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Seniors get creative in raising funds
by Amanda Sexton Ferguson, Editor and Publisher
Aug 21, 2014 | 104 views | 0 0 comments | 11 11 recommendations | email to a friend | print
WINONA – A group of seniors at the Winona Community Center on Powell Street have discovered a way to raise funds to ensure the future of a continuing education program initially funded through the Appalachian Regional Commission.

According to Winona Main Street/Montgomery County Chamber of Commerce director Sue Stidham, who is facilitating the ARC grant, the grant from the Appalachian Regional Commission Winona seniors are now enjoying special programs, activities, and speakers planned to help enrich their lives, in conjunction with daily lunches provided by the North Central Planning and Development’s Agency on Aging.

Stidham said the Appalachian Community Learning Project Grant program was made available around three years ago, and Duck Hill and Kilmichael were both awarded the grant in an effort to revitalize and improve the image of the towns.

Only recently did funding become available again, and Stidham applied for the grant for Winona. She explained that with the group of seniors already meeting at the Winona Community Center each day during the week, enjoying lunch, music, fellowship and a devotional, collaboration with the Agency on Aging was ideal.

Stidham explained that Winona Main Street, Montgomery County Diabetes Coalition and the Agency on Aging created a three-agency partnership to offer healthy lifestyle and other enrichment programs to participating seniors. However, the program is not indefinitely funded by the ARC.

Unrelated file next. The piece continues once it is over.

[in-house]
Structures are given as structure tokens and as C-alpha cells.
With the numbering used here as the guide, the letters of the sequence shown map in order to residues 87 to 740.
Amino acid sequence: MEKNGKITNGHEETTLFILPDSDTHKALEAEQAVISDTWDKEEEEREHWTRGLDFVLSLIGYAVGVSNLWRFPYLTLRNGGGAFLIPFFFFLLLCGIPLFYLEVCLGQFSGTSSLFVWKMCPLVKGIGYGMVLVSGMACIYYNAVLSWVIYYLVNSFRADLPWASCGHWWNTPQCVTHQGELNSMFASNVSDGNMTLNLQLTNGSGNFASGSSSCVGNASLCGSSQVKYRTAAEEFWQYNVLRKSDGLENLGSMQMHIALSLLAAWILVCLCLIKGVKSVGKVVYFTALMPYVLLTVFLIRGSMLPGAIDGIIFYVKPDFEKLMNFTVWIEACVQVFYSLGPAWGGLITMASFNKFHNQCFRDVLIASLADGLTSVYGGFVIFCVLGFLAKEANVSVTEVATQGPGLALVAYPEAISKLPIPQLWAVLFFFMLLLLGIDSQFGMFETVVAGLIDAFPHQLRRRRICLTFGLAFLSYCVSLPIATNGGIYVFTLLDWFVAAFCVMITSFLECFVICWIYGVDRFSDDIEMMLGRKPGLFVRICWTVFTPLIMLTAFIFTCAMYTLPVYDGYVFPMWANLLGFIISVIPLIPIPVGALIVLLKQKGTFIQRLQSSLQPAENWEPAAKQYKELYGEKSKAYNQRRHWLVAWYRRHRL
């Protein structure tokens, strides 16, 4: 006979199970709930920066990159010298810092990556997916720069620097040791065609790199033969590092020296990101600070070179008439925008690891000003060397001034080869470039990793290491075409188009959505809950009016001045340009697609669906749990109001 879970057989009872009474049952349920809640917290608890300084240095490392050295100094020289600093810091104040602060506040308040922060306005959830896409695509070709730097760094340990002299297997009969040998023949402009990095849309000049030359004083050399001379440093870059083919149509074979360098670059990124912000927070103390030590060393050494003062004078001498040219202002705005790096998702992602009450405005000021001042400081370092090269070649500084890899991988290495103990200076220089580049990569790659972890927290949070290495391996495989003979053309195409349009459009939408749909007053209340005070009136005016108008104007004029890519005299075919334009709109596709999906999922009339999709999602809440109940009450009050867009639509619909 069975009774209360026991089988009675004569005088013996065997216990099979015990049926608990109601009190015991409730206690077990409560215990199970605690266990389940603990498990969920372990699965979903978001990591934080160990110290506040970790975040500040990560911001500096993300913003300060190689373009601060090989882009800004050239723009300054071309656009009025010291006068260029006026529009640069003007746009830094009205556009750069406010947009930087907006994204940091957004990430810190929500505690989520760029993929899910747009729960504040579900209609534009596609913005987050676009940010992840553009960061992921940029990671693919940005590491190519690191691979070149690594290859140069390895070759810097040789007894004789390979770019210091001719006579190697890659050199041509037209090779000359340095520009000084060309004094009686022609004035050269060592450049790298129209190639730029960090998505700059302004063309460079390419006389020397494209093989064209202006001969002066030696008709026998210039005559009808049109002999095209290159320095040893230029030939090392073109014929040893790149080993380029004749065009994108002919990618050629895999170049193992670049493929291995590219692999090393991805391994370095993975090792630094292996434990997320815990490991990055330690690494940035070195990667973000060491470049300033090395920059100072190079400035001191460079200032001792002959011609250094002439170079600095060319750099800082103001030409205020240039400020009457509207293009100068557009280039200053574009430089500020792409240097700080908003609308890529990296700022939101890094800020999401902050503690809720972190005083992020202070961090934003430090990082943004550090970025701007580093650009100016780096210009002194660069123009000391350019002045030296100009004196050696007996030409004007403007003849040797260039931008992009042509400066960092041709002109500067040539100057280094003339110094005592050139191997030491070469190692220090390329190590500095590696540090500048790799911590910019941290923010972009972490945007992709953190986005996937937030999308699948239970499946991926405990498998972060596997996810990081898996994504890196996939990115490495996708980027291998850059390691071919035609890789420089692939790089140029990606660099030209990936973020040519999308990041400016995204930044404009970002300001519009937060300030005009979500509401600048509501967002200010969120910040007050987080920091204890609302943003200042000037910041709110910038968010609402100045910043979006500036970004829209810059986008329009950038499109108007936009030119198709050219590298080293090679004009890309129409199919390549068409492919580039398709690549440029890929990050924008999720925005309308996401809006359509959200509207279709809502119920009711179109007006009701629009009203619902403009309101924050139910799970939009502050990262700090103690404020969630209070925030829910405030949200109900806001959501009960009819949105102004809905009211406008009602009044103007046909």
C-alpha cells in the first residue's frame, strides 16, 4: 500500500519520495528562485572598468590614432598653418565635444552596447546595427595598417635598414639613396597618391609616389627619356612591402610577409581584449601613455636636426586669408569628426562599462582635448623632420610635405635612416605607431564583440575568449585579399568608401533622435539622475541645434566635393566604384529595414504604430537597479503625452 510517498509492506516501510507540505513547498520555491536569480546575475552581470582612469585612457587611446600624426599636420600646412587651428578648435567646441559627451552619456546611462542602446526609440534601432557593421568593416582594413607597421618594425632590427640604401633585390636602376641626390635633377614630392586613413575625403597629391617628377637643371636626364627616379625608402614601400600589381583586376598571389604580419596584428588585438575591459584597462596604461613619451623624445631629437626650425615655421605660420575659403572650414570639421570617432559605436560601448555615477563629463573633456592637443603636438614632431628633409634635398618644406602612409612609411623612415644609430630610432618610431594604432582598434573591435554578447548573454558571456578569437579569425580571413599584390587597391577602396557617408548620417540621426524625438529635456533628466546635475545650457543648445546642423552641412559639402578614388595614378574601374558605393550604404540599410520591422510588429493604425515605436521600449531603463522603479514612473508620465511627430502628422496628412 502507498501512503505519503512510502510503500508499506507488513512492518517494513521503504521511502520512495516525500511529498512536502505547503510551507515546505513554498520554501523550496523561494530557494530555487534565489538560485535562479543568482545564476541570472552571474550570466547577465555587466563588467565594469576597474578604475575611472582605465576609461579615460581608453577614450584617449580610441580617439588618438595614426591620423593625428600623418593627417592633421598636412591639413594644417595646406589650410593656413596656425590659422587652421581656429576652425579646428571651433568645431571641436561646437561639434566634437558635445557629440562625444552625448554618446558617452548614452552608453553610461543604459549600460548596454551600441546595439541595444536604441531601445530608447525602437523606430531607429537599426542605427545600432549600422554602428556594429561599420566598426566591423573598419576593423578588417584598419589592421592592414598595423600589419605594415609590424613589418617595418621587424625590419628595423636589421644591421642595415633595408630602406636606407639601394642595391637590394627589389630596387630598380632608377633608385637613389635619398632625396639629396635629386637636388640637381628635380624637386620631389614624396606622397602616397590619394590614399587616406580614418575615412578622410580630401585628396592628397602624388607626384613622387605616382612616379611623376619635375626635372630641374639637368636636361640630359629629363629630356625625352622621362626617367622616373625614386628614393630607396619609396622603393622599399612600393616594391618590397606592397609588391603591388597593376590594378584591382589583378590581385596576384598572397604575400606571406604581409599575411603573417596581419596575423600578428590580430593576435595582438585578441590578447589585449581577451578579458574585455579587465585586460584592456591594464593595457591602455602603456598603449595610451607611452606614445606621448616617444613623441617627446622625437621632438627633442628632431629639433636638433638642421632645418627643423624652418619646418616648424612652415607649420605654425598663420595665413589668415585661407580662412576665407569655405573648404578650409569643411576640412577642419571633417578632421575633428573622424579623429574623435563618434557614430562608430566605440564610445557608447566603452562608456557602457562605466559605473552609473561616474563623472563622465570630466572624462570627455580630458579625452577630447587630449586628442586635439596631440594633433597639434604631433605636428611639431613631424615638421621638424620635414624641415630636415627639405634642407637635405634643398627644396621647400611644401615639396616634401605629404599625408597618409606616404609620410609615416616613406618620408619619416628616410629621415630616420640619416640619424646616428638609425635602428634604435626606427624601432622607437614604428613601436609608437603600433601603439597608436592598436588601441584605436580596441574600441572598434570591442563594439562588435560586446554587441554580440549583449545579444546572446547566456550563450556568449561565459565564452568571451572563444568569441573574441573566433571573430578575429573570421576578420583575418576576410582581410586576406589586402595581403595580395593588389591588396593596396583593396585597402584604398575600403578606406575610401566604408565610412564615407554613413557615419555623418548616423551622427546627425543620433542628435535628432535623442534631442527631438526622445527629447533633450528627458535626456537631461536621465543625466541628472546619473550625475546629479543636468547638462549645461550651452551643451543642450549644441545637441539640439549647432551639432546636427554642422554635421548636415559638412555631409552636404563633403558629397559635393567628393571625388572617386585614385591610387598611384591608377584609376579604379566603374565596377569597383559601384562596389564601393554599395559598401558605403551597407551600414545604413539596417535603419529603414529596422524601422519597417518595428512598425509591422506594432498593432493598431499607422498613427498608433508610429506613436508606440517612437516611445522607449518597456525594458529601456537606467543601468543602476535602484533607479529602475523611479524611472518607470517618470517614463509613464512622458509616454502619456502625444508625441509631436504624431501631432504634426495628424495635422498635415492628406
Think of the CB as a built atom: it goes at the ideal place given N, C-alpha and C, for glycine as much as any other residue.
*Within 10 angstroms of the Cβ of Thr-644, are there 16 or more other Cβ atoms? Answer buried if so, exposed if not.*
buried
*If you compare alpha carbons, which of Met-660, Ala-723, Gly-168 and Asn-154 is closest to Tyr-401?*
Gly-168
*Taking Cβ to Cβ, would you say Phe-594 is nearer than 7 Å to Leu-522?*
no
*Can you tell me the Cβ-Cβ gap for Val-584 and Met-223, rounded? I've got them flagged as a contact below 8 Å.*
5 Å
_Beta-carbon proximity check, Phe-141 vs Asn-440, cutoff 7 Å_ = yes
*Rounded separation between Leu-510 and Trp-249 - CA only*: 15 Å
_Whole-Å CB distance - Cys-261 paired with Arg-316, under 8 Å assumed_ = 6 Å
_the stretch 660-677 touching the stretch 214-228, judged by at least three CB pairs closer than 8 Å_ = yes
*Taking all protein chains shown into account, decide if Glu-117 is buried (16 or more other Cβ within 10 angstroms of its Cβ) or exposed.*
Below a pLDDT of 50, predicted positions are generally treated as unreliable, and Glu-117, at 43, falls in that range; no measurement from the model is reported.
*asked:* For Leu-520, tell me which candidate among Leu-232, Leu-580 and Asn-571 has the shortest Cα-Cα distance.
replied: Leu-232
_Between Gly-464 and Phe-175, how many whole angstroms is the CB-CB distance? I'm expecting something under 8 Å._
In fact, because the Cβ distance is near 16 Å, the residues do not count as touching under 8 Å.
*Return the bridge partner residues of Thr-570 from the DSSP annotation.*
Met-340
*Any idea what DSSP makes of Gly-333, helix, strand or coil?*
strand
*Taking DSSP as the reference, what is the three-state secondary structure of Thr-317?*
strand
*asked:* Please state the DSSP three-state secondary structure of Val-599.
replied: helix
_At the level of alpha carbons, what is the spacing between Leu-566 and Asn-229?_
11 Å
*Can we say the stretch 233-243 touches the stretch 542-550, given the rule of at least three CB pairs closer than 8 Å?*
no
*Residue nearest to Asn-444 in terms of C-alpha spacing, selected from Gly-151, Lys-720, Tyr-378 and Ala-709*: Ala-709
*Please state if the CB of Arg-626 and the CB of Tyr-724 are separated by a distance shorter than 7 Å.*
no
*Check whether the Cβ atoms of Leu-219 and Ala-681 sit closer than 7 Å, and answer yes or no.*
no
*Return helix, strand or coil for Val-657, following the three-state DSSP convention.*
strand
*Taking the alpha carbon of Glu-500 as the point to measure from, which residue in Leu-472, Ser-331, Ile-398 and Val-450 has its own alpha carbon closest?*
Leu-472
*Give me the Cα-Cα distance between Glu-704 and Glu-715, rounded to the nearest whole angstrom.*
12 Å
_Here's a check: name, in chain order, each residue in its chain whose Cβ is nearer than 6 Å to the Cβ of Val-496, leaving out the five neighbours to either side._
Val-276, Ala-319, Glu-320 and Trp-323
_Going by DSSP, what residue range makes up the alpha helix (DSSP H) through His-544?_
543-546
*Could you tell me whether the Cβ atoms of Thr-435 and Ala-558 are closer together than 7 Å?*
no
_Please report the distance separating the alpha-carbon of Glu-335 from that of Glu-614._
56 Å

Stidham said to continue, the group will need to raise funds to continue the program.

For more than a year, Winona’s Della Applewhite has been creating handbags and other items by crocheting with plastic bags. She learned to “plarn” from Era Robinson Turner of Greenwood, who was working in conjunction with the recycling program in Greenwood.

Turner said she lived in San Diego, Calif., for 40 years before returning to Mississippi, and in San Diego, recycling was a great concern.

“A big thing for us is recycling,” Turner said. “We are trying to get rid of these plastic bags because they get into the environment.”

Applewhite has become very efficient with “plarning,” and she has developed her own patterns over the last year. When the new ARC Learning Project Grant was awarded, organizers hoped that Applewhite would give instruction on “plarning” to the other seniors. After some thought, the idea of selling “plarn” items to raise funds for the program gave the seniors something to work with.

Turner and her sister, Shirley Robinson Austin of San Diego, visited the senior group last week at the Winona Community Center to assist in setting up a “plarning” program to help raise funds.

Turner encouraged the dozen seniors present to work together to create handbags, change purses, and other tote bags to sell.

“I am a non-stop ‘plarner,’” Turner said. “I started with a group working with the homeless in San Diego, making mats for them.”

Turner and Applewhite gave a demonstration to those present of how to “plarn.” To create “plarn,” plastic bags are cut into one-inch strips, looped together and used like yarn in crocheting.

“You can have crews to make them,” Turner said. “Some of you can straighten the bags, some can be cutters, some loopers, and then you have your experts. Those are the ones that can crochet.”

Stidham said the seniors hope to have some items available for the Christmas season.

“We are also planning on making birdhouse and quilts as well,” Stidham said.

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